Student Profile: Julie Speer
BS Student, Biomaterials and Tissue Engineering Concentration
Advisors: Dr. Kenneth Barbee, School of Biomedical Engineering, Science and Health Systems, and Dr. Vinay Nadkarni, Children's Hospital of Philadelphia (CHOP)
The translational design and clinical immersion program was designed to be an intensive process of observing, designing, and learning. Actively engaging in clinical settings provided an opportunity to further develop an understanding of normal and abnormal physiology, the attributes of successful (and unsuccessful) devices, and direct insight into unmet needs that currently exist in the clinic. This co-op was not the first design process I had undertaken, in fact design components are built into almost every course in the School of Biomedical Engineering's undergraduate curriculum. In those classes, however, a problem was selected while sitting at a desk, rather than through observations or testimonials. The difference between the two, is ultimately that without directly seeing the problem in action, the device is designed to perceived needs rather than the reality.
Each afternoon I would e-mail my clinical advisor (Dr. Nadkarni, Children's Hospital of Philadelphia) 3 ideas for design projects based on what I had seen that morning in clinic. Within months I had observed in over 10 clinical units and had established a list of over 100 design concepts. Dr. Nadkarni provided feedback on each idea, and would suggest people to contact about that topic or issue. Because of his feedback, it was possible to meet, collaborate, and network with clinicians or researchers who provided additional advice and insight. I had the opportunity to attend a variety of sessions on the topics of marketability and de-risking of devices which provided insight into that later phases of a design process (this is rarely discussed in undergraduate classes) and provided a glimpse into the business and regulatory aspects of engineering. I also travelled to Boston in order to attend the Massachusetts Medical Society's conference on Global Health. There I heard about challenges facing doctors around the globe and got a glimpse into some of the fantastic work that clinicians, engineers, and scientists are doing to design more mindfully.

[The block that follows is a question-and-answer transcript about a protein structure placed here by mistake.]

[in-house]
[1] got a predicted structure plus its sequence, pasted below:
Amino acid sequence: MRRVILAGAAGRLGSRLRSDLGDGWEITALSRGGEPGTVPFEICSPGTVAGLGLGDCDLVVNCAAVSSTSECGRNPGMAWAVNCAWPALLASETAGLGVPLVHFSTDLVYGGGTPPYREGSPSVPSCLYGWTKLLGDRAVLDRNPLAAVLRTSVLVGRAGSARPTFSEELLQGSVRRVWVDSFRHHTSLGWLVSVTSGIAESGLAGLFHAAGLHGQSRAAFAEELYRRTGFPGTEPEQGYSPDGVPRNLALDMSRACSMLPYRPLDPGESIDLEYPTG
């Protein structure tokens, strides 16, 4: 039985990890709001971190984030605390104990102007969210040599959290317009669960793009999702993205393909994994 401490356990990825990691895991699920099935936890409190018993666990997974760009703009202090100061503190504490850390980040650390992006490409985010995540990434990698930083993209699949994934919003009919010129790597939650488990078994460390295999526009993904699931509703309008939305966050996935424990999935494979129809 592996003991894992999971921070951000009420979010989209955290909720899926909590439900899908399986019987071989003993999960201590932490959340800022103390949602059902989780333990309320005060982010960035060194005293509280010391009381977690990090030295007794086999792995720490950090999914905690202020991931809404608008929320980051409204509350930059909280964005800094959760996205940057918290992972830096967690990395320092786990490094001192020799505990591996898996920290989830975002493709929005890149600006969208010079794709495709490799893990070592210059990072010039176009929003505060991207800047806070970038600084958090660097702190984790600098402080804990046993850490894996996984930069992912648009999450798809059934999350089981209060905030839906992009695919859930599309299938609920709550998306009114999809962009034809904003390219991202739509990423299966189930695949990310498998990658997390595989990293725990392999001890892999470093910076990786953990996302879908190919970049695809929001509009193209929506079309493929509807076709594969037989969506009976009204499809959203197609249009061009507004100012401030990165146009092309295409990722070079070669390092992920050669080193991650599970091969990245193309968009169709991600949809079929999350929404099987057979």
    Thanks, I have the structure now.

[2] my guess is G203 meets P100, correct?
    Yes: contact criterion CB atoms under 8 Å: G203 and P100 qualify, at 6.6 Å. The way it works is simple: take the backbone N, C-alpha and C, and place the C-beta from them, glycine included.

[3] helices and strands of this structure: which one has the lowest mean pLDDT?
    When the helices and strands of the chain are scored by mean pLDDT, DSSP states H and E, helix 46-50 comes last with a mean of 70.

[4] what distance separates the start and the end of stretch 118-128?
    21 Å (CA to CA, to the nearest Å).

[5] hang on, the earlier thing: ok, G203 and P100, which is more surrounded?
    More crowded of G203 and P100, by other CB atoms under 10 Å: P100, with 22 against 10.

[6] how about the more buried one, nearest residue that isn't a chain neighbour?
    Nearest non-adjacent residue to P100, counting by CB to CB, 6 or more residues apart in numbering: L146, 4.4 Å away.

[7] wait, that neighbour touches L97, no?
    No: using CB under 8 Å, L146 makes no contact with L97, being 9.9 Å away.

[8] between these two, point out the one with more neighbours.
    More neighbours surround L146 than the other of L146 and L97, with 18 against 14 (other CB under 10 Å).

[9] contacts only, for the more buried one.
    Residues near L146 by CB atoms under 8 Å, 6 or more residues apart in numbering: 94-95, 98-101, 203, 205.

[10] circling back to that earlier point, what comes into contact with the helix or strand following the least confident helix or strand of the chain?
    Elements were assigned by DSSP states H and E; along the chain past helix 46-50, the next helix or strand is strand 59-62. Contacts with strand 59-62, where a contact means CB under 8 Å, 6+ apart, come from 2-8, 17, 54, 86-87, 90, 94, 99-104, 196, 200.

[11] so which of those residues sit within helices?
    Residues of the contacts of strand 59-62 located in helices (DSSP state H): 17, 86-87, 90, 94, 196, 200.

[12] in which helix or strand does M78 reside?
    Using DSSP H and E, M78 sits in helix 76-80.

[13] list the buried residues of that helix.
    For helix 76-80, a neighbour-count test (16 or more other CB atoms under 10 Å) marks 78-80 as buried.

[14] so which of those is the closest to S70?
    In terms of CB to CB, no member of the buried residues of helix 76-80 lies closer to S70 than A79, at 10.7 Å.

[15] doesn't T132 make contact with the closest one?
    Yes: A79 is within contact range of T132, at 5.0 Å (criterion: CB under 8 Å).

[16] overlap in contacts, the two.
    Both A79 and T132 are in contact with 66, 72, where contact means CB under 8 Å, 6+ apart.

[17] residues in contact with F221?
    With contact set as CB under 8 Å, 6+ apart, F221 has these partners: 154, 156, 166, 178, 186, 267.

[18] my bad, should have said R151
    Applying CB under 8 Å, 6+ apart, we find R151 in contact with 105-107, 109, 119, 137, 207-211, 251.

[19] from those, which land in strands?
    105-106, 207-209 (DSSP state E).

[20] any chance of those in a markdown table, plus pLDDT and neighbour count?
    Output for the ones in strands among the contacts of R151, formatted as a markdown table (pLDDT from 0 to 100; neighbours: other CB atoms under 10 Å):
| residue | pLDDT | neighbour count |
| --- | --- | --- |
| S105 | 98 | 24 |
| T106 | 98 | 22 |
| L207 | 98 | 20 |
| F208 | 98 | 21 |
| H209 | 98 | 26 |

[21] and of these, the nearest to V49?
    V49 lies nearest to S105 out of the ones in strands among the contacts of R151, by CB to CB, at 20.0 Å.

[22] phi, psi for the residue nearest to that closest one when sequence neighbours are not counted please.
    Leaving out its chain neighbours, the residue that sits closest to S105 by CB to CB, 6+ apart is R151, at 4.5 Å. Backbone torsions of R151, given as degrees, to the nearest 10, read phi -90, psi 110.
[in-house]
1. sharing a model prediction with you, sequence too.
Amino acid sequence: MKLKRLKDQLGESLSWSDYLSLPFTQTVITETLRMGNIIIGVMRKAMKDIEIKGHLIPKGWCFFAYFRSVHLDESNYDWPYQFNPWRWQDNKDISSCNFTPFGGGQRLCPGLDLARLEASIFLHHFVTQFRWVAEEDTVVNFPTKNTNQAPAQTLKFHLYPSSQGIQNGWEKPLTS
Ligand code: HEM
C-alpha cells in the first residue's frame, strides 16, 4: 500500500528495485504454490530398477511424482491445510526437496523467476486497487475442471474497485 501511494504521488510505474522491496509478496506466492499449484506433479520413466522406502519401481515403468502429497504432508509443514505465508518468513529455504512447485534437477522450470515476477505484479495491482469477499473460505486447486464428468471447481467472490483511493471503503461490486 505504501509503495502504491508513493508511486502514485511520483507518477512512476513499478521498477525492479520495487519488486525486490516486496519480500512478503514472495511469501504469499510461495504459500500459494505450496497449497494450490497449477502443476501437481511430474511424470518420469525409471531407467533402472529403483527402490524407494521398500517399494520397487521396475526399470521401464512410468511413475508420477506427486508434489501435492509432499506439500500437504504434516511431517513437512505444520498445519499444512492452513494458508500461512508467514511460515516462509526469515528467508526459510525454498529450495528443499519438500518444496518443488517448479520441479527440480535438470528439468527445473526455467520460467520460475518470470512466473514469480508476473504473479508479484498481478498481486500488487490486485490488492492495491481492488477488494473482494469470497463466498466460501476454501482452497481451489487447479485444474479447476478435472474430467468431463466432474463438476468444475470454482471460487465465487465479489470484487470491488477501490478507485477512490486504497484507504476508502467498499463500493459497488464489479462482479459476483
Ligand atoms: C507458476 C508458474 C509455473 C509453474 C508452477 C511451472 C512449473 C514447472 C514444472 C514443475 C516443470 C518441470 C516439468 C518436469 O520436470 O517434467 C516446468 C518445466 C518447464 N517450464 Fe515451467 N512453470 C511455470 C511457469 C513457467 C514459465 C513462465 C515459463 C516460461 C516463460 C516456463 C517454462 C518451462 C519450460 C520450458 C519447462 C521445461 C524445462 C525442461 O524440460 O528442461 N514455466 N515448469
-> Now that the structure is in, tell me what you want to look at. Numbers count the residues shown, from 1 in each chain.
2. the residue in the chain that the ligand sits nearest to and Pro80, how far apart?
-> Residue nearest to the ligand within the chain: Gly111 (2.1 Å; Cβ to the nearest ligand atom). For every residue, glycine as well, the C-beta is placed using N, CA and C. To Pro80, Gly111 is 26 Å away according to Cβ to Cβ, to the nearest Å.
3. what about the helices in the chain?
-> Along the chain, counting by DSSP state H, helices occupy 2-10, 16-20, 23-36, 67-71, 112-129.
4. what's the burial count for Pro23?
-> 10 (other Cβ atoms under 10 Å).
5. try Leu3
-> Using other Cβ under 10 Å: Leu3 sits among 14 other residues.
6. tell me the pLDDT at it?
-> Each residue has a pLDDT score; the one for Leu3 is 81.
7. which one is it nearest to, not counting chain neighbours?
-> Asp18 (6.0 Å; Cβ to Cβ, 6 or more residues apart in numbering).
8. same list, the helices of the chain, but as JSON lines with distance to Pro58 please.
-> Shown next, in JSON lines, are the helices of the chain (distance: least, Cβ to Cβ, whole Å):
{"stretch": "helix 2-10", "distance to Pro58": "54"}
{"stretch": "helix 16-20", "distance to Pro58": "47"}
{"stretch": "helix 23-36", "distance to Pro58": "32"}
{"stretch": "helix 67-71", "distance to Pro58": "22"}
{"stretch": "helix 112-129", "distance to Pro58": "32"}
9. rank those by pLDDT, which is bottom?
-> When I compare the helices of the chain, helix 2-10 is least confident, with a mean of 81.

This program facilitated personal, professional, and academic development and served as a wonderful way to introduce me to the world of translational design and clinical engineering. In addition to illuminating unmet needs, the clinical immersion segment of this co-op proved to be an opportunity to develop a more complete understanding of the factors that affect clinical decision making, challenges facing the medical community, patients, and families, as well as the errors that can be made by engineers when they do not correctly understand how device will be used once they are implemented. The opportunity to meet with countless engineers, clinicians, researchers, and entrepreneurs provided much inspiration for my future work including my senior design project and undoubtedly will shape how I tackle engineering challenges in the future.
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